Start writing a post

Why Muslim women do not need to be Imams to feel empowered

Imposing the necessity of a female Imam movement on the Islamic tradition according to one specific reading and understanding of feminism is just as aggressive as patriarchy's experience in our modern societies.

Why Muslim women do not need to be Imams to feel empowered
person in blue jacket and pink hijab
Photo by john crozier on Unsplash
@arif_mahrukh
Mahrukh Arif-Tayyeb is a French Muslim currently living in the UK. She holds a Masters degree from Ecole des Hautes Etudes en Sciences Sociales – a prestigious School of Social Sciences in Paris. She has previously worked as a journalist for a french newpaper.

The newly elected Secretary General of the Muslim Council of Britain, Zara Mohammed, was asked – quite aggressively – how many female Imams are there in the U.K. during the live Women's Hour BBC interview. Much to the interviewee's disappointment, Zara Mohammed explicitly said the question of female Imams does not fall within the parameters of her role and responsibilities.

The growing discomfort went on as the presenter insisted on putting her point across.


READ: Hijab is a state of mind and a means of liberation

Hijab is a state of mind and a means of liberation conversations.indy100.com

Acknowledged by the UK House of Commons in 2017, February 1 of each year marks World Hijab Day; a movement set up in an attempt to normalise the hijab and its practise by Muslims around the world.

Imams, in a general sense, are individuals who lead Muslim worshippers in prayer. In a global sense, imam is used to refer to the head of the Muslim community.

Muslim women do not need to be Imams to feel empowered. Islam does not require women to assert male roles: it has empowered women with rights to individual independence that has liberated them from such gender-related complexes. While there might be a necessity for female rabbis and priests, there is none for female Imams as female leadership has always been a part of the Islamic faith.

If some mosques fail to represent women within mosques, Islam should not be stained or blamed as a religion. Instead, Muslim women should combat patriarchy by reclaiming their role and space within the mosques without going against Islam's teachings.

Imposing the necessity of a female Imam movement on the Islamic tradition according to one specific reading and understanding of feminism is just as aggressive as patriarchy's experience in our modern societies.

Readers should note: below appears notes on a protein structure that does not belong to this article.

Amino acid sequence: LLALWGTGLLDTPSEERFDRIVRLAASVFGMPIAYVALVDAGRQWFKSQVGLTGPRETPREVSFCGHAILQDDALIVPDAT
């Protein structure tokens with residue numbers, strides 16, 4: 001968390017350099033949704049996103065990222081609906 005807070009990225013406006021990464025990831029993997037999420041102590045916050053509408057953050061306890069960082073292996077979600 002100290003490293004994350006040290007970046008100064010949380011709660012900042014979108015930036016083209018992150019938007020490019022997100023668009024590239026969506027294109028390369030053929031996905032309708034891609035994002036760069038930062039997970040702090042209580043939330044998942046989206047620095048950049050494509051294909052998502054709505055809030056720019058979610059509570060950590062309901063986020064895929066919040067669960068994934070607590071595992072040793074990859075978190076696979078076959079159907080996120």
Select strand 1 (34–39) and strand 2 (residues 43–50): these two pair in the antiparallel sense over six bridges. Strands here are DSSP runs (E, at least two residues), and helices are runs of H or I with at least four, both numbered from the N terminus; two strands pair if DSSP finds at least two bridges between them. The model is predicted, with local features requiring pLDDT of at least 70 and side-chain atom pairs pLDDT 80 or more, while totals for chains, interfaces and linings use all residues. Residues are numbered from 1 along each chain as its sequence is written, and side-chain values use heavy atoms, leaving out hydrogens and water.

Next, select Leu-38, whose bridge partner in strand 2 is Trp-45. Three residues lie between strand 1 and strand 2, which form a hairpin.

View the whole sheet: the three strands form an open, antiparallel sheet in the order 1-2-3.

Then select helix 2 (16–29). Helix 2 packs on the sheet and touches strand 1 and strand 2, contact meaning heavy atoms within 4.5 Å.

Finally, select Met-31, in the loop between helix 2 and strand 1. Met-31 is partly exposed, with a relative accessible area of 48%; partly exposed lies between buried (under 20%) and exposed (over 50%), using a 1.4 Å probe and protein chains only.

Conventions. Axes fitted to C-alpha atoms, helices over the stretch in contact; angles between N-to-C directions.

Have you got something to say? Want to see your writing here? Submit a post to Conversations today.

How do we bring an end to the environmental “blah, blah, blah”?

COP26 needs a very different approach to climate change discussions if we are going to talk our way to success

Photo by Jacek Dylag on Unsplash
An energetic and determined finance professional, who has developed a real passion for the power of high quality discussions. Having written a book, The Art of Discussion, I am keen to share the message of the changes needed to drive better conversations in our increasingly polarised world.
https://www.linkedin.com/in/james-wyatt-a4750668/

When I was a young man playing rugby, I was in an environment where I felt (rightly or wrongly) that it was only socially acceptable to be straight, so I pretended! It may not have been particularly healthy for my personal wellbeing, but it didn't take long to learn what to say and how to behave in order to convince those around me. And it worked pretty well! So much so that when one of my teammates later met my boyfriend at a wedding, he famously said to the bride and groom that I "couldn't possibly be gay because he played rugby with me for years!"

So why is this little anecdote so relevant to COP 26? Well… because if a shy, introverted gay boy can pull off being straight, then it is not exactly hard for politicians with their armies of speech writers, advisers and spin doctors to pretend to be green. And that is what many of them are doing!

Keep reading... Show less

The 7 surprising perks of having kids

Being a parent can be rough, but the fact that I love them is a given.

Mum of two, bar manager, and lover of wine. And tequila.
https://twitter.com/Moonfacemum

Being a parent can be rough.

This week alone, I've faced homework deadlines, a sickness bug, multiple tantrums, a nasty smash on the head (their head, not mine). I've been yelled at for breaking character when I was supposed to be Wolverine, and I've read The Gruffalo about a thousand times (feels like).

Keep reading... Show less
#StartTheConversation by joining us on
x

Join our new platform for free and your post can reach a huge audience on Indy100 and The Independent join